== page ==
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27/03/2012

Magazine Roundup

El Pais Semanal 24.03.2012 (Spain)

"Book publishing is like roulette." Beatriz de Moura co-founder and still head of the big Spanish publishing house Tusquets Editores, talks to Jesús Ruiz Mantilla about the past and the future of the printed book: "The best inventions survive. In the course of our history human beings have proved to be far cleverer that we thought. They always took care not to lose any of the good things along the way." Tusquets was also one of the first literary publishers in Spain to take the plunge into erotic literature, with their series "The Vertical Smile". "Yes you can call them porn if you like, but these books are well written and there is much to learn from them. Men tend to be rather inhibited about them but women are completely upfront about reading them in public with an openness that is most refreshing."


Le Monde 23.03.2012 (France)

As much as philosopher Abdennour Bidar agrees with the Islamic dignitaries who emphasised the difference between Islam and Islamism in the wake of Mohammed Merah's killings, he does not shy away, in Le Monde, from confronting Islam with difficult questions: "Can the Islamic religion as a whole be exonerated from this form of radical deed? Or put another way: No matter how sizeable and unbridgeable the distance that separates this crazed killer from the mass of peaceful and tolerant Muslims, is this act not an extreme expression of a disease of Islam itself?"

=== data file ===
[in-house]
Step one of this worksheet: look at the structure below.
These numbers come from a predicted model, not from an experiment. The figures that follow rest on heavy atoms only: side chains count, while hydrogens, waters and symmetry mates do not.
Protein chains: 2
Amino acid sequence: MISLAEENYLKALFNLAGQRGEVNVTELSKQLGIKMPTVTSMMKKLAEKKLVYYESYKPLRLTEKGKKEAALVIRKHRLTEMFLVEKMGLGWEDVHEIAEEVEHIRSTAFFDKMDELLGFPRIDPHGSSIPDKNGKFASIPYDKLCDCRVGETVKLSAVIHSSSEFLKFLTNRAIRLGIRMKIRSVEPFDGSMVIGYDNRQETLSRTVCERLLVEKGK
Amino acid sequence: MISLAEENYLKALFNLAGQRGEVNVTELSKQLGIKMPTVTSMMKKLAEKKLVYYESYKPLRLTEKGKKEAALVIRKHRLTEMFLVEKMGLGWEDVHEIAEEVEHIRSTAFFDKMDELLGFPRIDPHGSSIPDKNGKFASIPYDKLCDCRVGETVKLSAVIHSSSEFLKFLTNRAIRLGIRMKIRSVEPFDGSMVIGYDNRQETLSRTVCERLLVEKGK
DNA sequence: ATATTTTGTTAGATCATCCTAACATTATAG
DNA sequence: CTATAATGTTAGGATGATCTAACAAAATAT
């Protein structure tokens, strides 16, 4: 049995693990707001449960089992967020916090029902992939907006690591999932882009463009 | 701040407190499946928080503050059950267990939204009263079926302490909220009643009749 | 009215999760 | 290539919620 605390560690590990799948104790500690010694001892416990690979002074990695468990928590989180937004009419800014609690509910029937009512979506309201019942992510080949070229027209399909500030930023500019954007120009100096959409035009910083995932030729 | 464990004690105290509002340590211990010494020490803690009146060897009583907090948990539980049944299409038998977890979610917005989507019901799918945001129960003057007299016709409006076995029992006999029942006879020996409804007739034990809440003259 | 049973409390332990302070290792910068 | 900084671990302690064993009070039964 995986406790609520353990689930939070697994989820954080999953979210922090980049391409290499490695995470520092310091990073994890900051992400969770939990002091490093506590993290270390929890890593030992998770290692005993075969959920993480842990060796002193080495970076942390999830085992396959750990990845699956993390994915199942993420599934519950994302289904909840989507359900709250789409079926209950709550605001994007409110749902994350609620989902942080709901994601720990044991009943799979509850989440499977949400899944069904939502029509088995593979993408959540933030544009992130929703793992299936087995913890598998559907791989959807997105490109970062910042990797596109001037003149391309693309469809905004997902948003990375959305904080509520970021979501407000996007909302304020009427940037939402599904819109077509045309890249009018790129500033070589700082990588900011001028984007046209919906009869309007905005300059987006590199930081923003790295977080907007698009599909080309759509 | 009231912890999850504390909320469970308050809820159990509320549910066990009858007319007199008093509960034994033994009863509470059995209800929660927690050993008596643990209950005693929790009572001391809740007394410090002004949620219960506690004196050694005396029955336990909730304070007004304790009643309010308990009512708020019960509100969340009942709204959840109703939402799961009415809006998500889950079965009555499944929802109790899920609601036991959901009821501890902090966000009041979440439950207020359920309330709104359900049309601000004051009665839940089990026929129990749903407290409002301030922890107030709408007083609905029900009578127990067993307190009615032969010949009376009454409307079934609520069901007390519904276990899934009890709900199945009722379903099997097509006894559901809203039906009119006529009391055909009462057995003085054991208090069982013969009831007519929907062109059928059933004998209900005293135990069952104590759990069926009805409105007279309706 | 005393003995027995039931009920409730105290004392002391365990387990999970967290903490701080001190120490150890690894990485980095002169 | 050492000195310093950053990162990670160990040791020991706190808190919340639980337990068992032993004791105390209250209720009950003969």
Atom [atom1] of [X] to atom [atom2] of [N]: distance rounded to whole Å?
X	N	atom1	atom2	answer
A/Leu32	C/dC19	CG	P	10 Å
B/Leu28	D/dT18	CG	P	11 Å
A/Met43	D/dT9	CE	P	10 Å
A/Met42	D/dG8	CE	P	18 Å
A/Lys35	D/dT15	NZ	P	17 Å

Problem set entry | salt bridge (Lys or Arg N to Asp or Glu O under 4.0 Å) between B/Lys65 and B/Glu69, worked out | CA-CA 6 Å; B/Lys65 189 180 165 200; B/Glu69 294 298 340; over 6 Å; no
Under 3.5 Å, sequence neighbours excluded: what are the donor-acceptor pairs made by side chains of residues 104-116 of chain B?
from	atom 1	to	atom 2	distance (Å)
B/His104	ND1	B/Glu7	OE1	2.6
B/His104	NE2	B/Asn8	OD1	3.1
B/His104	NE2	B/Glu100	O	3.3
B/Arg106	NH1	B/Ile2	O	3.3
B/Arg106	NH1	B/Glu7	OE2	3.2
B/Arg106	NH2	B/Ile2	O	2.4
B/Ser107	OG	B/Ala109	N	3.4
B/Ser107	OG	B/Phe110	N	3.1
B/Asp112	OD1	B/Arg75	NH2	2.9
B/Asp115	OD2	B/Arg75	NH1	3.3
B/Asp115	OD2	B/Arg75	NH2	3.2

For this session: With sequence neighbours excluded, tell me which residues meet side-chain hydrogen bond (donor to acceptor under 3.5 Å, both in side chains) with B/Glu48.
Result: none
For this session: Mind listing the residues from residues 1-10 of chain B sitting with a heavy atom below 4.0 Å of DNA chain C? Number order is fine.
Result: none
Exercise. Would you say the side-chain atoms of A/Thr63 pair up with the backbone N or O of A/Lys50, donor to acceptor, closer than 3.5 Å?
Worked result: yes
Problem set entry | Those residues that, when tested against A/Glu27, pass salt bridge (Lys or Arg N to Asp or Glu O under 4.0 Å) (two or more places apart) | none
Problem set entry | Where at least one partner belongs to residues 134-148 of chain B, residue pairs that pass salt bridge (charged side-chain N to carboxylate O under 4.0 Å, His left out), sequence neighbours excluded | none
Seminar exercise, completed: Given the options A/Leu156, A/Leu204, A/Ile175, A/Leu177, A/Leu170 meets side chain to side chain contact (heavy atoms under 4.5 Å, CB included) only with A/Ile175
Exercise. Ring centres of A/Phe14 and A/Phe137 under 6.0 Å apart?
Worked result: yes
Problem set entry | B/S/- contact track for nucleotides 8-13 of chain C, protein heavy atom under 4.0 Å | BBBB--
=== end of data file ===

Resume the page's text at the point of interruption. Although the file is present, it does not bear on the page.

Polityka 23.03.2012 (Poland)

On the 70th anniversary of the start of Operation Reinhard Marcin Kolodziejczyk writes about (here in German) the railways and death camps in Belzec and their obscene perfection. "The first 'Sonderzug' (special train) from Lublin rolled into Belzec on the morning of 17 March 1942. The second, from Lviv, arrived that evening. After that, two transports came in every day, and in summer and autumn this rose to three – each with several dozen wagons filled with people of all ages. In the train company's freight documents these trains were mostly labelled with the initials PJ for Polish Jews, although the trains would also carry Western European or Hungarian Jews. In the nine months it existed, almost half a million Jews were killed in this little camp. The general management of the German Eastern Rail (Ostbahn) transported the Jews at reduced, bulk-freight rates  – children under five free of charge, the elderly at half-price. The SS collected the money from the passengers – mostly after they were murdered: the cash, jewelry and gold teeth were all duly registered in the Operation Reinhard bank account.


Elet es Irodalom 26.03.2012 (Hungary)